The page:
Flag and Seal Protocol
The State Flag
Flag Protocols and Display Online Reference - Learn to display and respect your flag.
A Message from the Secretary
Wherever I go in Florida, I am proud to see the American and Florida flags flying in front of homes, businesses, schools, and government buildings. Flags are a powerful symbol of our freedom and should always be displayed with the utmost respect.
As Florida’s Secretary of State and State Protocol Officer, I am honored to provide you with information about properly displaying the flag when expressing your national and state pride. On the Florida Department of State’s ‘Flag Protocols and Display’ page, you can find many of the customs, traditions, and laws surrounding flag display. All the material was checked for accuracy by the Institute of Heraldry of the United States Army.
This is a valuable resource for anyone who wants to show proper respect to the flag and treat it with dignity. It addresses many of your questions about the numerous scenarios you may encounter when planning a flag display. It is also a great source of information to learn about the occasions to salute the flag, and designated dates when the flag should especially be flown.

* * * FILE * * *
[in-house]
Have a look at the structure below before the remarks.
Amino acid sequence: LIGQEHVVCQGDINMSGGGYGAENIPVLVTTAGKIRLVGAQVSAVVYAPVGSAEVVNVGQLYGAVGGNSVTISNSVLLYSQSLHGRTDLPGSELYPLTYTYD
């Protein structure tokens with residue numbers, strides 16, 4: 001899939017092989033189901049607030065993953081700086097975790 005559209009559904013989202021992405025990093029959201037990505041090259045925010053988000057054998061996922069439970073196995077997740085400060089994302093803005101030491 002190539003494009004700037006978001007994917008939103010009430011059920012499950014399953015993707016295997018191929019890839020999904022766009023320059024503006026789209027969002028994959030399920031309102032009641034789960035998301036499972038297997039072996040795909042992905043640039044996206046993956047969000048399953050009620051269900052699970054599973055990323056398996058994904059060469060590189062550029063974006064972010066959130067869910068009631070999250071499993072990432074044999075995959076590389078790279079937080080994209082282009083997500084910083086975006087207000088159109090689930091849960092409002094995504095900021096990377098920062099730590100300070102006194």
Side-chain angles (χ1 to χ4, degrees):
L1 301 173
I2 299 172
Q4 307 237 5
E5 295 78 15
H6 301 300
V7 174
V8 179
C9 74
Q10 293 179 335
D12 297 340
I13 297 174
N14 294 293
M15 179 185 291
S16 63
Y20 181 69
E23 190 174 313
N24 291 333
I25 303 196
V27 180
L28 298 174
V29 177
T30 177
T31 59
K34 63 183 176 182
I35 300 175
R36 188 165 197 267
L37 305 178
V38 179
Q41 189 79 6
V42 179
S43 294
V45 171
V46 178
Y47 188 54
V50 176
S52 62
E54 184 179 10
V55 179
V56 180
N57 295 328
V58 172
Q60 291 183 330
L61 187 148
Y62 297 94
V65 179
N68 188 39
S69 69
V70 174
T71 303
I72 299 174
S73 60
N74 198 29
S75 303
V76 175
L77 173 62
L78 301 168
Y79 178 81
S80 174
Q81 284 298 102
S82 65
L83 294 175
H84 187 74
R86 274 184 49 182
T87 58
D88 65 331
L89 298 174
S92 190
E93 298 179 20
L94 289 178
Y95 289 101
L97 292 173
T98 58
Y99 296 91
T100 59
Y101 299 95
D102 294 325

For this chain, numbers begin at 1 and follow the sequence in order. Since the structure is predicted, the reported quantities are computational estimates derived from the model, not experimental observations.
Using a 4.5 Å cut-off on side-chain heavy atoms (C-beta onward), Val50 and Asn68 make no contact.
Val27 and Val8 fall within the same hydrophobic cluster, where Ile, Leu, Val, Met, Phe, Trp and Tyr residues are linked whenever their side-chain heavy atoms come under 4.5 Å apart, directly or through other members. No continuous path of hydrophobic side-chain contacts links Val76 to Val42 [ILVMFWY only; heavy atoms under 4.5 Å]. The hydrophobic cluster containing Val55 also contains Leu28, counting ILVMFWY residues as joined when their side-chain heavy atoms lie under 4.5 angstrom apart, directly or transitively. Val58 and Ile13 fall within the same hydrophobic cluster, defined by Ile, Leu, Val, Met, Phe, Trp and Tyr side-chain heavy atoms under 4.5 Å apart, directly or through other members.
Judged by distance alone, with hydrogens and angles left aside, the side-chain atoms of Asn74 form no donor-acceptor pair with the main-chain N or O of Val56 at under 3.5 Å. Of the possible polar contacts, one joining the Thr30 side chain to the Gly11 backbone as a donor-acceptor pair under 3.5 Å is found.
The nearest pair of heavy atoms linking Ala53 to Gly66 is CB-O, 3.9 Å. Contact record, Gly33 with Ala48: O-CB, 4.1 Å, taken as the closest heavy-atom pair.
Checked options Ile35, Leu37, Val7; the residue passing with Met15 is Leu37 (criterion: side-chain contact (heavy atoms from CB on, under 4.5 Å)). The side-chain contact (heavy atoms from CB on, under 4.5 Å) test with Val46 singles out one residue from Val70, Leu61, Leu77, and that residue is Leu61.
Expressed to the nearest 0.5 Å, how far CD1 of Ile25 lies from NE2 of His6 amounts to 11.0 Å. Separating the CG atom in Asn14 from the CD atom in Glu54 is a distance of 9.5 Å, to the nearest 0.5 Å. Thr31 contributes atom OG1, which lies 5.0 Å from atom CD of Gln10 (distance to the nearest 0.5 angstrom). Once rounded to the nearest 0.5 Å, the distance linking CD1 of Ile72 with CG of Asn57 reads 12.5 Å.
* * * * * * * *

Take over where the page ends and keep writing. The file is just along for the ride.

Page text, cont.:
Since our nation’s founding, our flag has been a celebrated emblem of American values. When you fly the flag, you are not only demonstrating your patriotism, but you are also honoring those who dedicated their lives to building this nation and those who gave their lives to defend it. I hope this guide brings you a newfound appreciation for our flag and the republic for which it stands.
For More Information
View all of Florida's Historic Flags.
Purchase an Official Florida Flag
Flags can be purchased from the Museum of Florida's History Shop. Contact Florida's History Shop at 850.245.6396, or at floridashistoryshop.com.
Great Seal of the State of Florida
In 1985, Secretary of State George Firestone presented the revised Great Seal of the State of Florida to the Governor and the Cabinet. The previous State Seal had several errors which were corrected in the 1985 Seal. This revised Seal has a Seminole Indian woman rather than a Western Plains Indian, the steamboat is more accurate, and the cocoa palm has been changed to a sabal palm as the Legislature prescribed in 1970.